Was "Sunshine Superman" a hit during the summer?
Actually, it was, I just looked it up. It peaked at number one on August
13th in the summer of ‘66. The same summer the Lovin’ Spoonful’s "Summer In
The City" was a smash. That track reigned at number one right before
It may be hot in NYC, but the weather’s turned in L.A. A couple of nights
ago I actually needed the down comforter. And this morning, when I emerged
from my house, I noticed the light was different. Fall is coming.
I’ve come to hate summer. It’s not what it used to be, a vacation. And I
NEVER want to go back to school, but I’d love to have the eight weeks free,
to go to camp. Hell, I’d make that deal right now. I’d go to camp FOR THE
REST OF MY LIFE! You’re all thrown in together, no one leaves…that’s my
idea of heaven. Maybe as the only boy in a family run by women I’m looking
for that male-bonding, that camaraderie and the socials…
Actually, in the summer of ‘66 there were no socials. I went to Boy Scout
camp. Boy Scout camp has got no infrastructure. It could be removed in an
hour. Which is probably why it cost $22 a week. I could have saved if I’d
gone earlier in the summer with my troop, I could have paid $18, but I was
gone then, our family had traveled cross-country. Those family trips are
indelibly etched in my brain. You always think you’re going to go back.
Actually, I made a specific effort to go back to Yellowstone. Amazing how
it’s the same, but different.
But, as an adult, one works. One stays inside. I want to walk down the
street with a blade of grass between my teeth. I want to hear the ringing
bell of the Good Humor truck and rush out to buy a Toasted Almond. I want
to go to the beach.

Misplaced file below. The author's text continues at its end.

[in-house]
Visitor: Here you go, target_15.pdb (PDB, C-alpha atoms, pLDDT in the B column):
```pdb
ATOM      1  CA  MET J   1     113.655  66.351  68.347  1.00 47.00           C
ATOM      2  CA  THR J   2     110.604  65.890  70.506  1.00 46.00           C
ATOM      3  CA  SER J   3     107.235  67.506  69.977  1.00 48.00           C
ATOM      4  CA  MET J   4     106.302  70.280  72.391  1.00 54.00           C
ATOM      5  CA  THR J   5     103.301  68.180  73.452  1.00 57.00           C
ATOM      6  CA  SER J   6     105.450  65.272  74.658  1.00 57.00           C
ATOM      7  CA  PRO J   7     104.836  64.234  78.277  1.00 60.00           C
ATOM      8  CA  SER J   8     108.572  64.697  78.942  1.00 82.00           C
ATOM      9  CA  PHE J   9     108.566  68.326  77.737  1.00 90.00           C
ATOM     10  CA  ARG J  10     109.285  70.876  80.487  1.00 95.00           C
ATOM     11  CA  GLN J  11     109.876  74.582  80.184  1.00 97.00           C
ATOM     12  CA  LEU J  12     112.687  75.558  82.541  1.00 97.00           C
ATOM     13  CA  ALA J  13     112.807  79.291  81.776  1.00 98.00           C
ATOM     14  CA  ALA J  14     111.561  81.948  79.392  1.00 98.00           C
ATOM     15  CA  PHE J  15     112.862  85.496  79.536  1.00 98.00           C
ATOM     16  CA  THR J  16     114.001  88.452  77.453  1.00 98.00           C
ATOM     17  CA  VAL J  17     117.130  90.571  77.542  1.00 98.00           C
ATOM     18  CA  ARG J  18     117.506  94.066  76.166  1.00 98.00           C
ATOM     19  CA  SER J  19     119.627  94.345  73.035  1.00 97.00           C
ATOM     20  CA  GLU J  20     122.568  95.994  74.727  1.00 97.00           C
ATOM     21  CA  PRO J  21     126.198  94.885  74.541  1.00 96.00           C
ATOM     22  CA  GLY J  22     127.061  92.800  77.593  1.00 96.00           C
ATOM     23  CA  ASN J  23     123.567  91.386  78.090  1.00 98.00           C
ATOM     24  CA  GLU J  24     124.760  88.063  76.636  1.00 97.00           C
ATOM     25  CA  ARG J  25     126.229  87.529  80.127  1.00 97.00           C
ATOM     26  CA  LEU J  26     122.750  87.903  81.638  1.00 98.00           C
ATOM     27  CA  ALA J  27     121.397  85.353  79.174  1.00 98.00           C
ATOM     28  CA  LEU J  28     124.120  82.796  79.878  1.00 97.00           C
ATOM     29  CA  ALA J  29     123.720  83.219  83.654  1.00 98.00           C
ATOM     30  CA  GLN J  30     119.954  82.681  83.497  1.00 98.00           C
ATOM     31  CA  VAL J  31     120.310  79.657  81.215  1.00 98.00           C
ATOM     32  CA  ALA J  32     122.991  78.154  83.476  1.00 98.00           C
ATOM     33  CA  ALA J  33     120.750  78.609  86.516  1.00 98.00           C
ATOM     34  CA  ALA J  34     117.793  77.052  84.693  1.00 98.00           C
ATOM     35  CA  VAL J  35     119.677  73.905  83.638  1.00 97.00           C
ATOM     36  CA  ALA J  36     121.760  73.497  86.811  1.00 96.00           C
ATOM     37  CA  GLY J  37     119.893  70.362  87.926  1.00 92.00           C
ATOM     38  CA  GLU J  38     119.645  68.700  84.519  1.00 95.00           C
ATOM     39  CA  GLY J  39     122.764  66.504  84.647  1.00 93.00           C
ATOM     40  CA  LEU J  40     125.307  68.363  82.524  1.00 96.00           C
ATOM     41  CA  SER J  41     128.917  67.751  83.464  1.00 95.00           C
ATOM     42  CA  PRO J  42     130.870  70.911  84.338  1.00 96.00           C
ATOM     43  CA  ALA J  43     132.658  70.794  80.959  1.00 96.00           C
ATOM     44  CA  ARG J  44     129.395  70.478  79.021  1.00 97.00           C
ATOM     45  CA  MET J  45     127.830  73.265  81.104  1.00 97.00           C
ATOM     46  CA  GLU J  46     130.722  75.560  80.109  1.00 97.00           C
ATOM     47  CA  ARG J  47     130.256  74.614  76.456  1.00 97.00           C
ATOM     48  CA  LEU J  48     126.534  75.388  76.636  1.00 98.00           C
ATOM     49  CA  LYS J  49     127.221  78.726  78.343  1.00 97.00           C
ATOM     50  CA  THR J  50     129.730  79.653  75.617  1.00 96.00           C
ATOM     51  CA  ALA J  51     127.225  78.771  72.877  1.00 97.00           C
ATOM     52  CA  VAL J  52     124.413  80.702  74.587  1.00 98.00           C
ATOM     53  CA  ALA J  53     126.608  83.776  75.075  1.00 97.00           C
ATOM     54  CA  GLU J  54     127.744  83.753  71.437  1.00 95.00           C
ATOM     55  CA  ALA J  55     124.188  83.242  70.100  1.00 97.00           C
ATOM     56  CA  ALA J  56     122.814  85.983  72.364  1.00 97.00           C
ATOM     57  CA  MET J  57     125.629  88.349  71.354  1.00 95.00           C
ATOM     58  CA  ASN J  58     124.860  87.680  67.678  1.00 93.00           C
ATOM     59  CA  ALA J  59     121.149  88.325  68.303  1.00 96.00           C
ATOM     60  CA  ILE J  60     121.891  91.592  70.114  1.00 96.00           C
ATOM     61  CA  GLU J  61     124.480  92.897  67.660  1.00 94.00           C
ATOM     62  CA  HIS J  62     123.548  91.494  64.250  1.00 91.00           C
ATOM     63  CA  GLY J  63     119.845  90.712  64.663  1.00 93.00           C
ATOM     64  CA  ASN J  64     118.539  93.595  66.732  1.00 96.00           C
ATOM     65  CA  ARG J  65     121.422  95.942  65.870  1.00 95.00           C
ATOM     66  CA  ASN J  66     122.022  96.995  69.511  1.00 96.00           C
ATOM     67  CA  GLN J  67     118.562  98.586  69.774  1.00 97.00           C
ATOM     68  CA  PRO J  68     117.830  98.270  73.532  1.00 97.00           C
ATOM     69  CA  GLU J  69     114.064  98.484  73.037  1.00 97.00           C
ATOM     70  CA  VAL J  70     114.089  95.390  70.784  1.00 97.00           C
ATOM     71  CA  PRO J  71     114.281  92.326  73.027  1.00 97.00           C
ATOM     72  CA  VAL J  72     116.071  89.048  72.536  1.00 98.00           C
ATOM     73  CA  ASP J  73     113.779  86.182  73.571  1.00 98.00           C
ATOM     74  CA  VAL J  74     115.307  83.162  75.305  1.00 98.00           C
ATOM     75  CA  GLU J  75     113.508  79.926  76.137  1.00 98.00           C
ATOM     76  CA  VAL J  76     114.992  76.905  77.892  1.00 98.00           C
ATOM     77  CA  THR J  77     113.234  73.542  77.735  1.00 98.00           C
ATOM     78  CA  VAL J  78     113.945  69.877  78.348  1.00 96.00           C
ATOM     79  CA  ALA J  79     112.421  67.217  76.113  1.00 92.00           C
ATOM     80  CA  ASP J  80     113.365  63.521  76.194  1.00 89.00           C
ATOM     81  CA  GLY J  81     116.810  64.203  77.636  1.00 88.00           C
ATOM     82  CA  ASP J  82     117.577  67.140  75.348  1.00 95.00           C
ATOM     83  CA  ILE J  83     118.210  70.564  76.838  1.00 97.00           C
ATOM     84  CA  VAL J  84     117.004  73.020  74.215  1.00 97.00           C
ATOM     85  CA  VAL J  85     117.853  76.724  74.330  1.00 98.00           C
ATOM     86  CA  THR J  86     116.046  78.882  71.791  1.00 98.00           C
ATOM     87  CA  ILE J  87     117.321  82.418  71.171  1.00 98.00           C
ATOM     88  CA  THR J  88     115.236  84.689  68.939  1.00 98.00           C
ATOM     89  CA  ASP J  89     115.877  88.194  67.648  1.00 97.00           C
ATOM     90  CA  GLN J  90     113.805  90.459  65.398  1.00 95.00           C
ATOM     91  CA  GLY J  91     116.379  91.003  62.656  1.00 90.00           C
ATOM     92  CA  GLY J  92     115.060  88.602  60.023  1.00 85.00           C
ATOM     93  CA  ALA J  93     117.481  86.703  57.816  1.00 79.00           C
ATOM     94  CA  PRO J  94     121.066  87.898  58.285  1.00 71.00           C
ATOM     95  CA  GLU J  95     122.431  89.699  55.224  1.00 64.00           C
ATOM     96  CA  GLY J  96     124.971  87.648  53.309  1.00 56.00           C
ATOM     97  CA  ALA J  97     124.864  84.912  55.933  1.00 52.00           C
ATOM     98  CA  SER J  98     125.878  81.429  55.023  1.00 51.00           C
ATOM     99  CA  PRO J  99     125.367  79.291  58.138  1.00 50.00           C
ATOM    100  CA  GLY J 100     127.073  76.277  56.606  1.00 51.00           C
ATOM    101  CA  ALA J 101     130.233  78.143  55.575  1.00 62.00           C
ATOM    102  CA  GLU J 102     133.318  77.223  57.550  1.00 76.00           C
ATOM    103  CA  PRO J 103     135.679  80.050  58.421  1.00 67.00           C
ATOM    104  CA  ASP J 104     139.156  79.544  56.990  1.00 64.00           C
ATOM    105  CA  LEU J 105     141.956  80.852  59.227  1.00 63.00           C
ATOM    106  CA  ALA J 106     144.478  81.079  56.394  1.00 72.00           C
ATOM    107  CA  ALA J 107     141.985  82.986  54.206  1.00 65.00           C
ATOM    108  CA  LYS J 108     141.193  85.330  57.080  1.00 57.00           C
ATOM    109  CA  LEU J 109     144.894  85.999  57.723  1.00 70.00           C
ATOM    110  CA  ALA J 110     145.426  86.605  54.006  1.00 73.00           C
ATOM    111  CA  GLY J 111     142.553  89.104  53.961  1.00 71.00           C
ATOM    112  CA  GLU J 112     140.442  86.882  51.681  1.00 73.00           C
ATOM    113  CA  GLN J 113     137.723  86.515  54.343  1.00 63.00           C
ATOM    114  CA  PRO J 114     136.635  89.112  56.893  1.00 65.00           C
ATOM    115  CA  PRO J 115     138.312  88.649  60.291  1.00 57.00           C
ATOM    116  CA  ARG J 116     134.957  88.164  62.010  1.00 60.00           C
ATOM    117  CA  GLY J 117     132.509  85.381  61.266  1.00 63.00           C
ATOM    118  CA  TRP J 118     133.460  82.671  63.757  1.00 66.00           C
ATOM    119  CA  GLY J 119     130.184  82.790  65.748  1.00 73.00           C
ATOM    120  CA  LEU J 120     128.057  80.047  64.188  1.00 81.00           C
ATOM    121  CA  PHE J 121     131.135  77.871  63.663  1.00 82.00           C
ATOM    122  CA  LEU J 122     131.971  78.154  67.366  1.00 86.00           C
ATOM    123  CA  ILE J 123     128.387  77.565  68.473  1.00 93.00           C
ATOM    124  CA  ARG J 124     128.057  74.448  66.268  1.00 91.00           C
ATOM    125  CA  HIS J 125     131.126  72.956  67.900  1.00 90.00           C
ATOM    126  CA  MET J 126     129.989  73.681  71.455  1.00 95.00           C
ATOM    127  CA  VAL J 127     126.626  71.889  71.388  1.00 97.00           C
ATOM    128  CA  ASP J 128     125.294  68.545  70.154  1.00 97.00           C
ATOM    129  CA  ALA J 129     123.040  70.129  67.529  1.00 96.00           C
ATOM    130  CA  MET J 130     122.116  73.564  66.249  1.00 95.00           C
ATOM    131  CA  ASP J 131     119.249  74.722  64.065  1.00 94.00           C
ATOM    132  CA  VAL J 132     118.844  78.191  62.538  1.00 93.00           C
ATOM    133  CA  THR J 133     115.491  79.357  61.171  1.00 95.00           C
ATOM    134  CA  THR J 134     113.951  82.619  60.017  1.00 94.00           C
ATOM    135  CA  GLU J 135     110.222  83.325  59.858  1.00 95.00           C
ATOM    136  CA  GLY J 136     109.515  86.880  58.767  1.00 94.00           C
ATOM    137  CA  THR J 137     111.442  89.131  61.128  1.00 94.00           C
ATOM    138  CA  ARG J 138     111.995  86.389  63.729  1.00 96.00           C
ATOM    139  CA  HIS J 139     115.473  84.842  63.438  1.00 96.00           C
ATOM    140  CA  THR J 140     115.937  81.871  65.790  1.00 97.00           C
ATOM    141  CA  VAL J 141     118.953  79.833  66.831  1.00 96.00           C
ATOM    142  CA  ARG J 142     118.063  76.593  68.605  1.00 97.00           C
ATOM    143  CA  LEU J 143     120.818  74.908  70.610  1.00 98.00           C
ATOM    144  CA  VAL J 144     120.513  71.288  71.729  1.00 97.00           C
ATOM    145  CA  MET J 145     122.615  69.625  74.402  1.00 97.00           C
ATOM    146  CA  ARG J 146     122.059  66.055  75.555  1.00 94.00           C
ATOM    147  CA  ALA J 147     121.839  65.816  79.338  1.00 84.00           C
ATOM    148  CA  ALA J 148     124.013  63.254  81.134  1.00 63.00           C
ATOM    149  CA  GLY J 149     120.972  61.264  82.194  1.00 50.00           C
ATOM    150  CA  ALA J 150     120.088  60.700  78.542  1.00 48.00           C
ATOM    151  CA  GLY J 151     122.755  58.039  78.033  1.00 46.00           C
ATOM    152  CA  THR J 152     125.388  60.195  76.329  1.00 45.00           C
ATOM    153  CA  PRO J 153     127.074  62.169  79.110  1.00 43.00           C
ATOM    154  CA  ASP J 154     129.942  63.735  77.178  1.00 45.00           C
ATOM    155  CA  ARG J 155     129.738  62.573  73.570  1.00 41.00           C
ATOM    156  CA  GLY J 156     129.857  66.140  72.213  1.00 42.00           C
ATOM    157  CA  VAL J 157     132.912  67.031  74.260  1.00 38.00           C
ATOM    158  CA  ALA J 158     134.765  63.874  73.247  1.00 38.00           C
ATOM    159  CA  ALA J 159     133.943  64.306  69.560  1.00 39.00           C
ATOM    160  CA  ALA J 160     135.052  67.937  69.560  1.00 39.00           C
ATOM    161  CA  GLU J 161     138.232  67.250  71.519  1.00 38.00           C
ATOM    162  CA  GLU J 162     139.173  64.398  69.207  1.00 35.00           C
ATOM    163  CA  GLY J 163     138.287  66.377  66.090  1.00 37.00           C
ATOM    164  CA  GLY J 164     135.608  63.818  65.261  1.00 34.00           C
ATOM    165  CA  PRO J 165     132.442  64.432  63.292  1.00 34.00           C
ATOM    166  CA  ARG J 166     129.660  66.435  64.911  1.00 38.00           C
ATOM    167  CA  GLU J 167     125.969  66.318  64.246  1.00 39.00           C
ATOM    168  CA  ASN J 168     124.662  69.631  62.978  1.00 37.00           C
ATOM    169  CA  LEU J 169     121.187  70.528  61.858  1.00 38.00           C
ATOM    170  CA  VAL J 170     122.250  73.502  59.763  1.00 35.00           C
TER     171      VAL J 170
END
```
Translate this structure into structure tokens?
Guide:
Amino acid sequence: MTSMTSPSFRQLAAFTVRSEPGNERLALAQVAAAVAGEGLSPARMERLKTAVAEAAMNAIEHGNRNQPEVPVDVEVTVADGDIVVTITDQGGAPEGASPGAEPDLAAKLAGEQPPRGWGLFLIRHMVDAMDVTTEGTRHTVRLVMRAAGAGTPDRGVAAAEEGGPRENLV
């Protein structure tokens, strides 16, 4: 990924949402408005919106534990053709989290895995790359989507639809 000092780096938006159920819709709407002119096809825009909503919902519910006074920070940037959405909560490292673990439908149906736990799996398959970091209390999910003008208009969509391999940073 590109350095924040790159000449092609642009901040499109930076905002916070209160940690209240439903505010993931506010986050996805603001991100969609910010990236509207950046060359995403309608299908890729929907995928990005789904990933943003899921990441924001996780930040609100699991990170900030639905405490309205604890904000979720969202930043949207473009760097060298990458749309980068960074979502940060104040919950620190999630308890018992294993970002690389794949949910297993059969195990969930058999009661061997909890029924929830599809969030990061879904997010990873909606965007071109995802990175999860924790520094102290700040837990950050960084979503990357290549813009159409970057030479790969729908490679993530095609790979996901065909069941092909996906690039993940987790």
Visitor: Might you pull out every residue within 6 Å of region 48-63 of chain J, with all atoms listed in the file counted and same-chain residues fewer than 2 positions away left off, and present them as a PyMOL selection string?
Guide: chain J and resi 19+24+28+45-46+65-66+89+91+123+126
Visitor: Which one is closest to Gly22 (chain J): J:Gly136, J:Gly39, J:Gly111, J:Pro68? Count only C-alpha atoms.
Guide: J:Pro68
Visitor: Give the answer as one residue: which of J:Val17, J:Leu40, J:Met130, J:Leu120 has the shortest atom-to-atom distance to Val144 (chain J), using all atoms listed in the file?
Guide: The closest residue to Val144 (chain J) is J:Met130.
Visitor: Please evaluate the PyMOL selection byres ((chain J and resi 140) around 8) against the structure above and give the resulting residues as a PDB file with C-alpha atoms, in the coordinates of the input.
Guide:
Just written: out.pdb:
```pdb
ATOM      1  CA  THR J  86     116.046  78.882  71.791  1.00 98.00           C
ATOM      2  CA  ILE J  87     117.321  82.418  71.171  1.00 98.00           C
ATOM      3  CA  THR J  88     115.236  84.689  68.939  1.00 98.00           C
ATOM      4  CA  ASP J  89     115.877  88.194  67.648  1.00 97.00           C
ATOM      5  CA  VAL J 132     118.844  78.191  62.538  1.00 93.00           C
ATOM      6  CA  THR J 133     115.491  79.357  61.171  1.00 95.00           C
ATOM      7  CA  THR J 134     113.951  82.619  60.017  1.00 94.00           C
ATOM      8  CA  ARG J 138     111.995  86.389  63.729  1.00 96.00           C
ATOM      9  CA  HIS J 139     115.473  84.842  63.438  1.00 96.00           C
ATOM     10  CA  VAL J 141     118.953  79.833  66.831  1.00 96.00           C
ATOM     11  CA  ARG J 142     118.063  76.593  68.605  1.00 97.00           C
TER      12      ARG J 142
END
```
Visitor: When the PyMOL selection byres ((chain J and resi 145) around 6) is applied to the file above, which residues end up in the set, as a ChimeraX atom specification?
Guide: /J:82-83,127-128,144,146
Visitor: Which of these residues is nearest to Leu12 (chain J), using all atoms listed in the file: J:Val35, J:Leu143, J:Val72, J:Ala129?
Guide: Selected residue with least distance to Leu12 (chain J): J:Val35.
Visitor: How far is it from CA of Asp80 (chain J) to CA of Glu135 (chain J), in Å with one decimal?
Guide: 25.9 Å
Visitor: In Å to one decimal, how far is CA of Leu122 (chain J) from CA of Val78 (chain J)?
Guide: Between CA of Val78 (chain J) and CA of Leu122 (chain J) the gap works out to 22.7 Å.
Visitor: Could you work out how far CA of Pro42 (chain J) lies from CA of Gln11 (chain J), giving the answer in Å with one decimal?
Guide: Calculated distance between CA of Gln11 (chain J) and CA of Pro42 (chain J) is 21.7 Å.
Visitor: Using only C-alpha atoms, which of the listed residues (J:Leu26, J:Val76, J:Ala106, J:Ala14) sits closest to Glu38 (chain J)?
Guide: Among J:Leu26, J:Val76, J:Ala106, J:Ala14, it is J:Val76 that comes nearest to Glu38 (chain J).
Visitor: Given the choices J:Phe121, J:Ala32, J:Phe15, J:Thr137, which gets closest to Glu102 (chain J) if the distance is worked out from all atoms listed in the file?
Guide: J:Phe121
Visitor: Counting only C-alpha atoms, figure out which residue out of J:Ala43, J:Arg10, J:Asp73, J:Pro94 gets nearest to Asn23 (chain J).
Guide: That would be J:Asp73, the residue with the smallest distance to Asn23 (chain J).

Not Malibu. Not Hawaii or the Caribbean. The local beach in Connecticut had
a concrete block pavilion. Jennings Beach held no glamour, it was an
extension of the community. But there was a freedom. There was that walk
every afternoon up and down the sand.
Hearing "Sunshine Superman" on the radio this afternoon brought this all
back, put a smile on my face. What came next had me pushing the button back
in ‘67, but decades later I was riveted. Bobbie Gentry’s "Ode To Billie
Joe" was FASCINATING!
You’ve got to understand, we hated everything that wasn’t rock. We almost
hated everything that wasn’t English. But Top Forty radio still contained
records made for our elders. I know every lick of "Hello Dolly", it’s taken
years for me to appreciate it. And even though I could enjoy "Strangers In
The Night", it seemed so SCHMALTZY! The music I liked STOOD for something.
Unlike this country concoction about Billie Joe McAllister jumping off that
damn bridge. Which I had to hear ad infinitum that summer, when I returned
from Philmont Scout Ranch and went back to Boy Scout camp to earn enough
merit badges to make Eagle, when "Ode To Billie Joe" was number one for
four weeks straight.
There’s five more acres in the lower forty I’ve got to plow
This is the line that cracked me up today. That’s now a joke. Uttered both
by people with land and without it. Ranchers and not. If someone shows up
late or tired they say they were plowing, doing some work on the back
forty. Did they get this concept from "Ode To Billie Joe"?
And wasn’t I talkin’ to him after church last Sunday night?
This was back when suicide was still a dirty word, before parents started
worrying about their kids offing themselves. But that’s what happens too
often. I just saw him! He looked fine to me!
My friend who committed suicide didn’t look fine to me. He called me in the
middle of the night all freaked out. I recognized myself years previously
in his voice. I insisted he go home to stay with his family, he needed
twenty four hour watch. When they went out for the night he went into the
basement and hung himself.
A year has come ‘n’ gone since we heard the news ’bout Billie Joe
Time marches on. You get involved in your own life, moving forward. You’re
living in the present and you hear a record and you’re jutted right back to
the past. Albeit older. And wiser.
What did they throw off the Tallahatchie Bridge?
I didn’t care forty years ago.
And I’m not sure I’m truly concerned today.
But what fascinates me was that it all happened on the third of June. When
the sun was out. During the heat of the summer. When everybody’s supposed
to be happy.